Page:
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Julius Getman professor of Law at the University of Texas, writes on Talking Union

For over three years UNITE HERE, the union that represents hotel workers, and Hyatt Corp. have been engaged in a fierce escalating struggle. The union has recently called for a boycott of Hyatt.

The confrontation between Hyatt and UNITE HERE is part of the world wide struggle for basic human rights, particularly for immigrant workers. It is important that liberals, progressives, workers, and those who believe in economic fairness support the boycottand let Hyatt know of it.

Immigrant workers are the backbone of the hotel industry and when they do not have the backing of a union they are regularly and shamefully exploited. Hyatt, where the majority of workers are not unionized, is one of the most flagrant exploiters. Where its workers are not unionized the pay scale is low and the work load, particularly on room attendants is a constant danger to their health, both physical and emotional.

San Antonio, where Hyatt has two hotels on the famed Riverwalk, is an example. Its housekeepers are saddled with enormous work loads of up to 30 rooms per day roughly double the work load of unionized hotel workers in Las Vegas. Many of its older workers suffer from chronic back arm and neck injuries. Given the workload this is not surprising.

Hotel housekeeping is a difficult dangerous sometimes demeaning occupation A study by OSHA of working conditions at several Hyatt hotels, including those in San Antonio, found “tasks presenting risk factors such as repeated heavy lifting and carrying, bending, twisting, elevated and extended reaches, pushing and pulling, and forceful gripping.” It is revealing of Hyatt’s attitude towards its workers that it charges banquet customers a 22% gratuity charge, but its workers never receive any of the money.

Without a union there is no job security for Hyatt’s workers, a point sadly illustrated by the story of the Hyatt 100 as told in Fortune magazine:

    What was Hyatt thinking? That no one would notice? That no one would care?

    Here’s what Hyatt did: At 3 o’clock on a Monday afternoon, Aug.31, managers at two Hyatt-owned hotels in Boston and one Hyatt-managed hotel in Cambridge, in a coordinated effort, summoned their entire housekeeping staffs, fired everybody on the spot, and immediately outsourced the jobs to a staffing company based in Atlanta….

    Here’s what we gradually learned: That most of the 98 fired housekeepers were immigrant women; that some of them had been working for Hyatt for more than 20 years; that before they were fired, they were directed to train their replacements under the guise that the newcomers would be available to spell them during vacations.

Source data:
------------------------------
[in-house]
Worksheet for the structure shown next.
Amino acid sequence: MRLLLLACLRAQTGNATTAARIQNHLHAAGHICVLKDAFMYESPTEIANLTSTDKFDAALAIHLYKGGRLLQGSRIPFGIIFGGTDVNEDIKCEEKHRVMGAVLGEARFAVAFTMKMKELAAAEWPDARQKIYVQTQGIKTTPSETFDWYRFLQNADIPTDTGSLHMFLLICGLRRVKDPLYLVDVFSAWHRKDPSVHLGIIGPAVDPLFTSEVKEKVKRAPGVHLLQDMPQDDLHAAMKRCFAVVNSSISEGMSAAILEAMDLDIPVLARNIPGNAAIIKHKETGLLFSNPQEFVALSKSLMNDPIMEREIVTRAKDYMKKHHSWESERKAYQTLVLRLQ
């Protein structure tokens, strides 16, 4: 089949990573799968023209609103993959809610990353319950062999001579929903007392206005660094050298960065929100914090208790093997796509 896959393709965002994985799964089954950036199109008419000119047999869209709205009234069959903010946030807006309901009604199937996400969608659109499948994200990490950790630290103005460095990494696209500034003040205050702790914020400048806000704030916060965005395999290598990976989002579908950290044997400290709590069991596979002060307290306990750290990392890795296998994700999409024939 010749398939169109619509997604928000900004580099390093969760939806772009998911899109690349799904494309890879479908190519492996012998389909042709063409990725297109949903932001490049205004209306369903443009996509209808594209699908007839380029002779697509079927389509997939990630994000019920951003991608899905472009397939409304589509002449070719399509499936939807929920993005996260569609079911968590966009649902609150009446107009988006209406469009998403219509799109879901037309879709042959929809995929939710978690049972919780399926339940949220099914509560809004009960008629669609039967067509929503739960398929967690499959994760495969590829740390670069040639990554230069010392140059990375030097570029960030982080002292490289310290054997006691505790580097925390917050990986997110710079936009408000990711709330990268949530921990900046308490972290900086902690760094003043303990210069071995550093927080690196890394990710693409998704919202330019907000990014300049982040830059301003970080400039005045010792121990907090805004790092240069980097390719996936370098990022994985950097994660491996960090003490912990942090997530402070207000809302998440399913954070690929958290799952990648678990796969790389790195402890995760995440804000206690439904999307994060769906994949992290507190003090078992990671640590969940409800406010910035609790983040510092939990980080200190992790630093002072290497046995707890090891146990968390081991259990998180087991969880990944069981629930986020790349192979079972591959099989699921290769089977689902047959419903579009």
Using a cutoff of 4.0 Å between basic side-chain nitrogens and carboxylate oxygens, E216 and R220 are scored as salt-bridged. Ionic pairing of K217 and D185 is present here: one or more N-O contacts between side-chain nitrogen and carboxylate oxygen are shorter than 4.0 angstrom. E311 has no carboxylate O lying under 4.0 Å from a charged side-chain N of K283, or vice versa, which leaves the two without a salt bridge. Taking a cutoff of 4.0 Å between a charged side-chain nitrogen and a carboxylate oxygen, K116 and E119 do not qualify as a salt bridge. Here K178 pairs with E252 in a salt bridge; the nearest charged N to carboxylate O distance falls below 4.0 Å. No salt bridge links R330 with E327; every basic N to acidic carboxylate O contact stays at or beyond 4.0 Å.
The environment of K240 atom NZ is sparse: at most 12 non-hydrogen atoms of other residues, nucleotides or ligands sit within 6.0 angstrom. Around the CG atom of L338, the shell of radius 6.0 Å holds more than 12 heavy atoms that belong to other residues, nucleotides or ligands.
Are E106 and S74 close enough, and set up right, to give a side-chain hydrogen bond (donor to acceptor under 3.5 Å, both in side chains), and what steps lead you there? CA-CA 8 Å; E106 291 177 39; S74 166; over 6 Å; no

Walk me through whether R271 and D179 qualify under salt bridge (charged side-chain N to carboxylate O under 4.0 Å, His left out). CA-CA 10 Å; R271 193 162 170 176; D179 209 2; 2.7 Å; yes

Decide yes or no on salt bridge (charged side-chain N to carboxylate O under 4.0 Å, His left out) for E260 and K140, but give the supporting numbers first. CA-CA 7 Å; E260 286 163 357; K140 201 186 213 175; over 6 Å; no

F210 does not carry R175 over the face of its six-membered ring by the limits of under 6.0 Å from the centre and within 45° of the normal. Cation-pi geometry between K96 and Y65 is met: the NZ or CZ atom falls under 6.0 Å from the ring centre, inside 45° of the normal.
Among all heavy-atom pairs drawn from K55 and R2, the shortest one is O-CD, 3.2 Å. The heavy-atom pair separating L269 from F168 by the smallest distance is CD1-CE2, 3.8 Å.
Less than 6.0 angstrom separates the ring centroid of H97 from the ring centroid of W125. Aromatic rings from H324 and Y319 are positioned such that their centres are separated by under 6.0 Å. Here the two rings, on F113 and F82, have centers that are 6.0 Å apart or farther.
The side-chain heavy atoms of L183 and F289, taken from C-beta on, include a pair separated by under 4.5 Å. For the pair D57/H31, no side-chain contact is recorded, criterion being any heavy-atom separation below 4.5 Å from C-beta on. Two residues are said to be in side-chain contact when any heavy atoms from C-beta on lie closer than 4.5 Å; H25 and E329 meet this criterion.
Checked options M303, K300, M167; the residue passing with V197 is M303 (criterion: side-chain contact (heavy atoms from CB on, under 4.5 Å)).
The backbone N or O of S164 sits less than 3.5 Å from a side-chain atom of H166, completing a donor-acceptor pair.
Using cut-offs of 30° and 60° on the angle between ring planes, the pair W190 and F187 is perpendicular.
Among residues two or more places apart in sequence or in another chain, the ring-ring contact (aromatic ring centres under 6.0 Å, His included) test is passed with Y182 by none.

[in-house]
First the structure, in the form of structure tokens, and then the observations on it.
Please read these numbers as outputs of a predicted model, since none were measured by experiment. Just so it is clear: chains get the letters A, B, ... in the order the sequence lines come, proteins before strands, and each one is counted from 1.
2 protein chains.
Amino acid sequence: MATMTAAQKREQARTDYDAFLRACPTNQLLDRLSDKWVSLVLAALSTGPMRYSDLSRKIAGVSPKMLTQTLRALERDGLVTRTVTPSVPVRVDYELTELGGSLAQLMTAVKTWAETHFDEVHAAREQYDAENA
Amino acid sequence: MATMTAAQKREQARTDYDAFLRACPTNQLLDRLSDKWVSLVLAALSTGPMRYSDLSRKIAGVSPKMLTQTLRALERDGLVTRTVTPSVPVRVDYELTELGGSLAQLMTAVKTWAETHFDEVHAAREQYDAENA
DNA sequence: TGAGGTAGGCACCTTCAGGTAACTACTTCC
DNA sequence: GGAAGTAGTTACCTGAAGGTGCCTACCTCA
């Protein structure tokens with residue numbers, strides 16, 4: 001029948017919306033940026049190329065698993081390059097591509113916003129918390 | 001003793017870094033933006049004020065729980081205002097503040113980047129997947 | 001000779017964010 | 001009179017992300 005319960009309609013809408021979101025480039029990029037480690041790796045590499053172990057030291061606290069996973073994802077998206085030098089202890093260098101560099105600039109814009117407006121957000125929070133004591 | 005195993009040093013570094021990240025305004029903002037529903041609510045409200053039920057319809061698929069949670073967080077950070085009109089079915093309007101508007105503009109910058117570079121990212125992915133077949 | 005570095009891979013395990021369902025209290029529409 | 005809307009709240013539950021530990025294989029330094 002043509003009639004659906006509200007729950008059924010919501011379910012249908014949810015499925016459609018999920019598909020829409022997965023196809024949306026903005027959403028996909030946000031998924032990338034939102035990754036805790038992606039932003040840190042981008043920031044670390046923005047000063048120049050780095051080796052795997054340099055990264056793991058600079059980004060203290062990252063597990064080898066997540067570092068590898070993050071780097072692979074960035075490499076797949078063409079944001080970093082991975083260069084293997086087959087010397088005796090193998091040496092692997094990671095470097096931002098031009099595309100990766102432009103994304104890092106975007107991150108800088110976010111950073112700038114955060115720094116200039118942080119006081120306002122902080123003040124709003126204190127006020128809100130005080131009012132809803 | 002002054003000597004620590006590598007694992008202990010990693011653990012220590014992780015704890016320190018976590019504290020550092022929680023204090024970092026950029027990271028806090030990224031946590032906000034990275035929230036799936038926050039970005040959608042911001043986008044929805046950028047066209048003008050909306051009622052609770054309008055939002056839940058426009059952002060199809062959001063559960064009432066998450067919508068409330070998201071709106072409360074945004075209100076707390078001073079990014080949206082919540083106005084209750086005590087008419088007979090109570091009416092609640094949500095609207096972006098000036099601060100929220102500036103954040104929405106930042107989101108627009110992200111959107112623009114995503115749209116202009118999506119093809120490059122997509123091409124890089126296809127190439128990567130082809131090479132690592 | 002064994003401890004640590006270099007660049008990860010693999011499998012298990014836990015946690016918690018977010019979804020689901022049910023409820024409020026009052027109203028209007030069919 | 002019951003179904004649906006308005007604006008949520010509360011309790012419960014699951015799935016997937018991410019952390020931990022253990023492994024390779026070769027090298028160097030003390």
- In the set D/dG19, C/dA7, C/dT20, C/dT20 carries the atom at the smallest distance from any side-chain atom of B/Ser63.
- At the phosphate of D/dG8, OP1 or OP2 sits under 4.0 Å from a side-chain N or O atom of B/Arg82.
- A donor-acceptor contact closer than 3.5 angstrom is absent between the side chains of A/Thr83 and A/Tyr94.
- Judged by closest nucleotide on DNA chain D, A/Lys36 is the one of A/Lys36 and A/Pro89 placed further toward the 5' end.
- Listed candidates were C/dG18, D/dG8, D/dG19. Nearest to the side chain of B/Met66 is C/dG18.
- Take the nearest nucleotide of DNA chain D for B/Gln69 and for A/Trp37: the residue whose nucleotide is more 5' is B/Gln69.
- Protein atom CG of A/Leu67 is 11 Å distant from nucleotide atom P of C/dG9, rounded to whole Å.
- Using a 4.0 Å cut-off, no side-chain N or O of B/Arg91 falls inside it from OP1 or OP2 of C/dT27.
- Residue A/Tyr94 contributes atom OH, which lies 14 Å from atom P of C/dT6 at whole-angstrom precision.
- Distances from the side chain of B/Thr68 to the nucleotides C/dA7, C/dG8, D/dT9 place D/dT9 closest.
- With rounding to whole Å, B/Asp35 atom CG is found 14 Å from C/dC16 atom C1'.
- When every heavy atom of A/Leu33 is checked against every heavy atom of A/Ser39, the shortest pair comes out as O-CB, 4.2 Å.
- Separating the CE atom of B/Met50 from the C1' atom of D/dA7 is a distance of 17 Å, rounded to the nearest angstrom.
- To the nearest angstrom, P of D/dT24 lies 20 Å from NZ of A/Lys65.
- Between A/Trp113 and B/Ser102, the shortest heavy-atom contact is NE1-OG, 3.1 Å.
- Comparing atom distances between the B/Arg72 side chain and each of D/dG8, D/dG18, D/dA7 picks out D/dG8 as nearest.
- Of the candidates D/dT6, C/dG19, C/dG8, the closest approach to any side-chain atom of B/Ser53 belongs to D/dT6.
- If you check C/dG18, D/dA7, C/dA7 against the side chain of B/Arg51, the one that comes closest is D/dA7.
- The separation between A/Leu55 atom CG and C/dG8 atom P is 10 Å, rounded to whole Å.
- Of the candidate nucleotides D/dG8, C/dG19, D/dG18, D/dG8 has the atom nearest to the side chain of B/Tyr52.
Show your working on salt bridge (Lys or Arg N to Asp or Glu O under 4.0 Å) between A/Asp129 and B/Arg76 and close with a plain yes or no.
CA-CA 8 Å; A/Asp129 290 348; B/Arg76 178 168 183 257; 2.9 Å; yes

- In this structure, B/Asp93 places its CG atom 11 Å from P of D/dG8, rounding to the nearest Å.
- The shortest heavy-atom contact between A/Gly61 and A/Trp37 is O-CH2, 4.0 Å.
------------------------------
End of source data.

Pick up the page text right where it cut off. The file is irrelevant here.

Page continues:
The effort to organize Hyatt is a key element in the monumental task of restoring the private sector labor movement. The hospitality industry is vast and growing. UNITE HERE is a democratic member-centered union. It is seeking to organize the industry one hotel and one employer at a time. It is likely to be successful if Hyatt will agree to a system under which the workers without the pressure of a management campaign decide whether or not they wish union representation.

Success in organizing Hyatt is likely to be replicated at other hotels in the Southwest. San Antonio, where union organizing is going on at two Hyatt hotels, is a convention city with millions of annual visitors. Workers throughout the city are aware of the Hyatt struggle. When Hyatt workers have the economic and job security protections of a collective bargaining contract, it will be very difficult for other hotel chains to reject fair ground rules and run traditional anti-union campaigns. Hyatt in San Antonio may eventually lead to unionization of hotels in other Texas cities, particularly Austin, Houston, and El Paso.

The political implications of this are enormous. Immigrant workers generally and Hispanic workers in particular are the sleeping giant of politics in States like Texas and Arizona. As Harry Reid’s union energized, come from behind, victory in Nevada in 2010 demonstrated , unions stimulate political involvement and provide a vehicle for it. Many years ago unionized immigrant workers transformed politics in states like New York, New Jersey, and Ohio. They can do the same in Texas. If Texas is changed politically the country will inevitably and permanently be different politically.

The Hyatt campaign can be a major step in strengthening the alliance between labor and other progressive groups. Such alliances have in many countries taken the lead in the creation of a more democratic society. They did so in the 1930s and ’40s in the United States. They were key to the formation of Solidarity in Poland in 1979 and 80. and they can serve to create a fairer and more progressive society in the United States now and in the immediate future.

Julius G. Getman is Earl E Sheffield Regents Chair, University of Texas School of Law and author, Restoring the Power of Unions, Yale Press 2010

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